So you have this character who has a goal. That’s what stories are about, isn’t it? A character with a goal? And obstacles to overcome in order to reach that goal?
But maybe you don’t want the pursuit of that goal to be relentless. That’s thriller stuff, and maybe you don’t write thrillers.
In the book I’m reading now, LIGHTNING IN THE BLOOD by Gregory Fallis, each of the detectives have ways to unwind. One of them likes to hang out with his wife. The other one likes to hang out with his partner and his wife, because they represent marital happiness. Then he’s sad, because he doesn’t have a marriage, let alone a happy one. Sometimes he watches fishing shows. You haven’t read good writing until you’ve read Gregory Fallis having Joop talk about fishing shows.
The reason Fallis is so good is that his characters are absolutely individual. They can do the same thing at the same time, be on the same page about it, sometimes even have the same general reaction to it, but they’re far far far from identical.
Janwillem van de Wetering did the same thing with his police officer partners. They never just played with a cat or did a jigsaw puzzle; everything they did, they did as individuals.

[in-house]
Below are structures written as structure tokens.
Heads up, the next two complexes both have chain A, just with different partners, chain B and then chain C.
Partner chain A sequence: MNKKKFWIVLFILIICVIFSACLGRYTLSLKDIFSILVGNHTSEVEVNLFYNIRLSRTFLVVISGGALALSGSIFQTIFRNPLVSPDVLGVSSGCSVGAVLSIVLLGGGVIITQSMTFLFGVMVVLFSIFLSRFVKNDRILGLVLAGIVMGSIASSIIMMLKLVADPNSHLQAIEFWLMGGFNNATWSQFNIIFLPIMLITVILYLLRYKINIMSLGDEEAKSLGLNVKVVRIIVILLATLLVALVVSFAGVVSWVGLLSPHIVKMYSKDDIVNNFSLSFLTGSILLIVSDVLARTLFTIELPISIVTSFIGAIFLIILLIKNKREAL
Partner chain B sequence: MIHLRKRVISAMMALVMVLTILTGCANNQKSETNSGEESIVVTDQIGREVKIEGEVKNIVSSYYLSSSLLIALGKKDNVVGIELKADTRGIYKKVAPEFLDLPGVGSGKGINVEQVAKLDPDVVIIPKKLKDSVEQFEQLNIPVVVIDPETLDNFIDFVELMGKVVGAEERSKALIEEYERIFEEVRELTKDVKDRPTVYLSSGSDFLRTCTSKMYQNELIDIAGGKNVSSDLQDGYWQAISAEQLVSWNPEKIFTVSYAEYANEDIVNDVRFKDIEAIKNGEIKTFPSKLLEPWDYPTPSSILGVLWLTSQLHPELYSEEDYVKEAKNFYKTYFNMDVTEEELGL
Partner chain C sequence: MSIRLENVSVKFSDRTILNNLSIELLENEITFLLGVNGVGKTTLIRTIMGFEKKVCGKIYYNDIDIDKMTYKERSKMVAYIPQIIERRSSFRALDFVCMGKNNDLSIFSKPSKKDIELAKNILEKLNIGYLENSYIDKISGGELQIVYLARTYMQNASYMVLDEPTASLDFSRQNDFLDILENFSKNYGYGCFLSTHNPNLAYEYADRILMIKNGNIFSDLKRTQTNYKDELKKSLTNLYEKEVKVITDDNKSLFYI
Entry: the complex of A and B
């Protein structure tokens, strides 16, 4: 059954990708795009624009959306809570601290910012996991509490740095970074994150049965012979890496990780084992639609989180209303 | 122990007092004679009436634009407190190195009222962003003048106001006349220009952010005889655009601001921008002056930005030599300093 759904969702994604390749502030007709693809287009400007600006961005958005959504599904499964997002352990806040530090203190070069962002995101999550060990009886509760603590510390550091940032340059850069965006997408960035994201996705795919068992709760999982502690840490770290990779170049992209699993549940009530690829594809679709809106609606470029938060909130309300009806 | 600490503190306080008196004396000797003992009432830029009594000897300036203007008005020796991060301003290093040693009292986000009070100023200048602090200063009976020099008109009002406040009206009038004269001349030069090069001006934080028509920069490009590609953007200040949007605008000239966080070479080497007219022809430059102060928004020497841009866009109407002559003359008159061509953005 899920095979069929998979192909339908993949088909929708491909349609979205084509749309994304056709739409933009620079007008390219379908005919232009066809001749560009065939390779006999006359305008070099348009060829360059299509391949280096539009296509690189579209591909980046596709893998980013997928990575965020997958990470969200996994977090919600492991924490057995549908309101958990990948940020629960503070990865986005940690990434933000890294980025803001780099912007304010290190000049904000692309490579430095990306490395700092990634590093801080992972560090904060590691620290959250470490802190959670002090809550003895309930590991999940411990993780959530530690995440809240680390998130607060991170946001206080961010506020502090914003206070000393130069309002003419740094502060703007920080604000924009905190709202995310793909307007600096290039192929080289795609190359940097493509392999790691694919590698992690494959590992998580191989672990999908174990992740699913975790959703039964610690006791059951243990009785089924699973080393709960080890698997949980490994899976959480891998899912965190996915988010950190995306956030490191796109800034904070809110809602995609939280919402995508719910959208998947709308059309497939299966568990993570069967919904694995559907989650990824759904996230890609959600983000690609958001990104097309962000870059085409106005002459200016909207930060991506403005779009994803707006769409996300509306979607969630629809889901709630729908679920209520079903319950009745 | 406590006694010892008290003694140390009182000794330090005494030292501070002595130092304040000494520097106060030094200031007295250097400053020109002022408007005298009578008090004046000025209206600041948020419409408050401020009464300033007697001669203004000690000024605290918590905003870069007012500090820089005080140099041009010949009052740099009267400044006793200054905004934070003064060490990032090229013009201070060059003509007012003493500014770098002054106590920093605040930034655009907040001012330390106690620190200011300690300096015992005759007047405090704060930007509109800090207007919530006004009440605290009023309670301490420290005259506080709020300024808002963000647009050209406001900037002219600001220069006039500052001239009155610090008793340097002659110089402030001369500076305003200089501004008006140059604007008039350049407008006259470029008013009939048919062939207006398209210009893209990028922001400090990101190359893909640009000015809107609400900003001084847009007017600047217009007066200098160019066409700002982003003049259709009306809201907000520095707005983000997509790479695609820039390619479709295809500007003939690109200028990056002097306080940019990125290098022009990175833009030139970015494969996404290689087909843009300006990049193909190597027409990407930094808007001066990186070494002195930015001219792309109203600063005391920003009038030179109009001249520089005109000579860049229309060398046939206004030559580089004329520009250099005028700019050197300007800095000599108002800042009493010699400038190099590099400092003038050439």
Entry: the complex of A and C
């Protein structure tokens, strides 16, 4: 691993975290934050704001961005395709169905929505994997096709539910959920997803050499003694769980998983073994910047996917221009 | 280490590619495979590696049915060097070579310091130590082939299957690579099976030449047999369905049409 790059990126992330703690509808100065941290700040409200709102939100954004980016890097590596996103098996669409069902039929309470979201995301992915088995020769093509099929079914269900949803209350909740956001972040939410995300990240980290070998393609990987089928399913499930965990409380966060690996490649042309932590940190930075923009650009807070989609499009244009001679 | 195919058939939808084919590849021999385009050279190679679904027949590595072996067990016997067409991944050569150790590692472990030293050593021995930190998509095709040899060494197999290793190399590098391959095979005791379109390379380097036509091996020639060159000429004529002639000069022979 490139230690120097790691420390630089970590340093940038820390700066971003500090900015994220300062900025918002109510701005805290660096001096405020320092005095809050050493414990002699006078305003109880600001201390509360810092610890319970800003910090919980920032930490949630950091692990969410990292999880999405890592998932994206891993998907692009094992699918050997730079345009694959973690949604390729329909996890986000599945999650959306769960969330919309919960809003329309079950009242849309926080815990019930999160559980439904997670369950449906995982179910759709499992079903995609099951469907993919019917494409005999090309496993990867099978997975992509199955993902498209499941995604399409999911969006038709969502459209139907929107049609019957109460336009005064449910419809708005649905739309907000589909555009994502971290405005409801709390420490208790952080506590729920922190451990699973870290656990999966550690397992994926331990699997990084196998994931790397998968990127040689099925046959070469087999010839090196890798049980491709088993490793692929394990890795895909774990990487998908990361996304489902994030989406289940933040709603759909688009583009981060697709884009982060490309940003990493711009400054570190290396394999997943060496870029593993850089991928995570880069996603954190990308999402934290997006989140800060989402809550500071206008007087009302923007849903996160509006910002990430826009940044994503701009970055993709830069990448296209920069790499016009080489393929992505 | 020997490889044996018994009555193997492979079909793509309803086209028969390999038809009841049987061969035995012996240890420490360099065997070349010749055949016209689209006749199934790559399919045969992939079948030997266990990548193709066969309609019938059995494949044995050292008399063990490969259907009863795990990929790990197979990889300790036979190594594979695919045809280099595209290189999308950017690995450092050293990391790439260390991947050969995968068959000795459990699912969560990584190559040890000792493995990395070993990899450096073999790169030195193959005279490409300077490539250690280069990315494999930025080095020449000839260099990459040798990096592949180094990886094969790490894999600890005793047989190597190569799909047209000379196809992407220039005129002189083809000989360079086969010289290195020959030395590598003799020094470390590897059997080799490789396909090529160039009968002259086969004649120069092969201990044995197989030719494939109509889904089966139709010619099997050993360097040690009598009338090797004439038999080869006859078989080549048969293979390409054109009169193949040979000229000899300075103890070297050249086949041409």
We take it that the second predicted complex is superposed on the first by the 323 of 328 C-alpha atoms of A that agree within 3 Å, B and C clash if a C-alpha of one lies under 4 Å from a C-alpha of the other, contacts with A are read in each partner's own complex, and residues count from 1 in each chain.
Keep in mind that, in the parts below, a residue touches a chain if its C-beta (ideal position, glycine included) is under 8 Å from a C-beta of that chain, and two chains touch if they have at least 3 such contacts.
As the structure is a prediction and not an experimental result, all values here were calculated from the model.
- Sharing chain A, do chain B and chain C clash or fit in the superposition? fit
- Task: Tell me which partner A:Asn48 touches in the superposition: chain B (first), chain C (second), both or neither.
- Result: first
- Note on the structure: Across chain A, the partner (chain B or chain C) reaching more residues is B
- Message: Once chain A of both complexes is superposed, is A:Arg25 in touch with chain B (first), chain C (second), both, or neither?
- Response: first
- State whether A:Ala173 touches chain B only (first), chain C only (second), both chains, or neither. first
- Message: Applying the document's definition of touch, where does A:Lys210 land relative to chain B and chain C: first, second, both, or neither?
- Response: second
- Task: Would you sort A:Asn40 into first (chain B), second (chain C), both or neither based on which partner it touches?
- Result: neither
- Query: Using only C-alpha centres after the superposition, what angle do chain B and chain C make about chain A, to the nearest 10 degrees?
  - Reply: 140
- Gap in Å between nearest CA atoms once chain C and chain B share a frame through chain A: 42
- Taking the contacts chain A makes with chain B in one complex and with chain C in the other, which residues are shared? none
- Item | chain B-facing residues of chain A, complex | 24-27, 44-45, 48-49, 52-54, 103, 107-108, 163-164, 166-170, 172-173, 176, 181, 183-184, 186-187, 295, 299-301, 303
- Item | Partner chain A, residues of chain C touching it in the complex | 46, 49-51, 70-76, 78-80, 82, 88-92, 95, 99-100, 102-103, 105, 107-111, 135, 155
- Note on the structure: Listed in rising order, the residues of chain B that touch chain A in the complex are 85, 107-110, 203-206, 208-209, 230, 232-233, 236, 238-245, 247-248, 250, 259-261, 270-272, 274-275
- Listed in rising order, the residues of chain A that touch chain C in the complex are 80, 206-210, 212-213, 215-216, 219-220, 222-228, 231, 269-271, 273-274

You want to reach for that in your own characters.
WRONG: They both went to the amusement park.
WRONG: I’ll make Priscilla think the roller coaster is fun, so I’ll make Murgatroyd be scared.
RIGHT: What does the roller coaster feel like to Priscilla? What does the roller coaster feel like to Murgatroyd? What does it remind them of, what does it make them think of, and how does it affect their senses? What’s the aftermath for each of them?
Whether your characters take down time by racing motorcycles or by listening to classical music in a hot bath, whether your down time is a chapter or a paragraph, let it be specific to each of your characters, and never generic.
A WRITING PROMPT FOR YOU: What does your main character do to relax?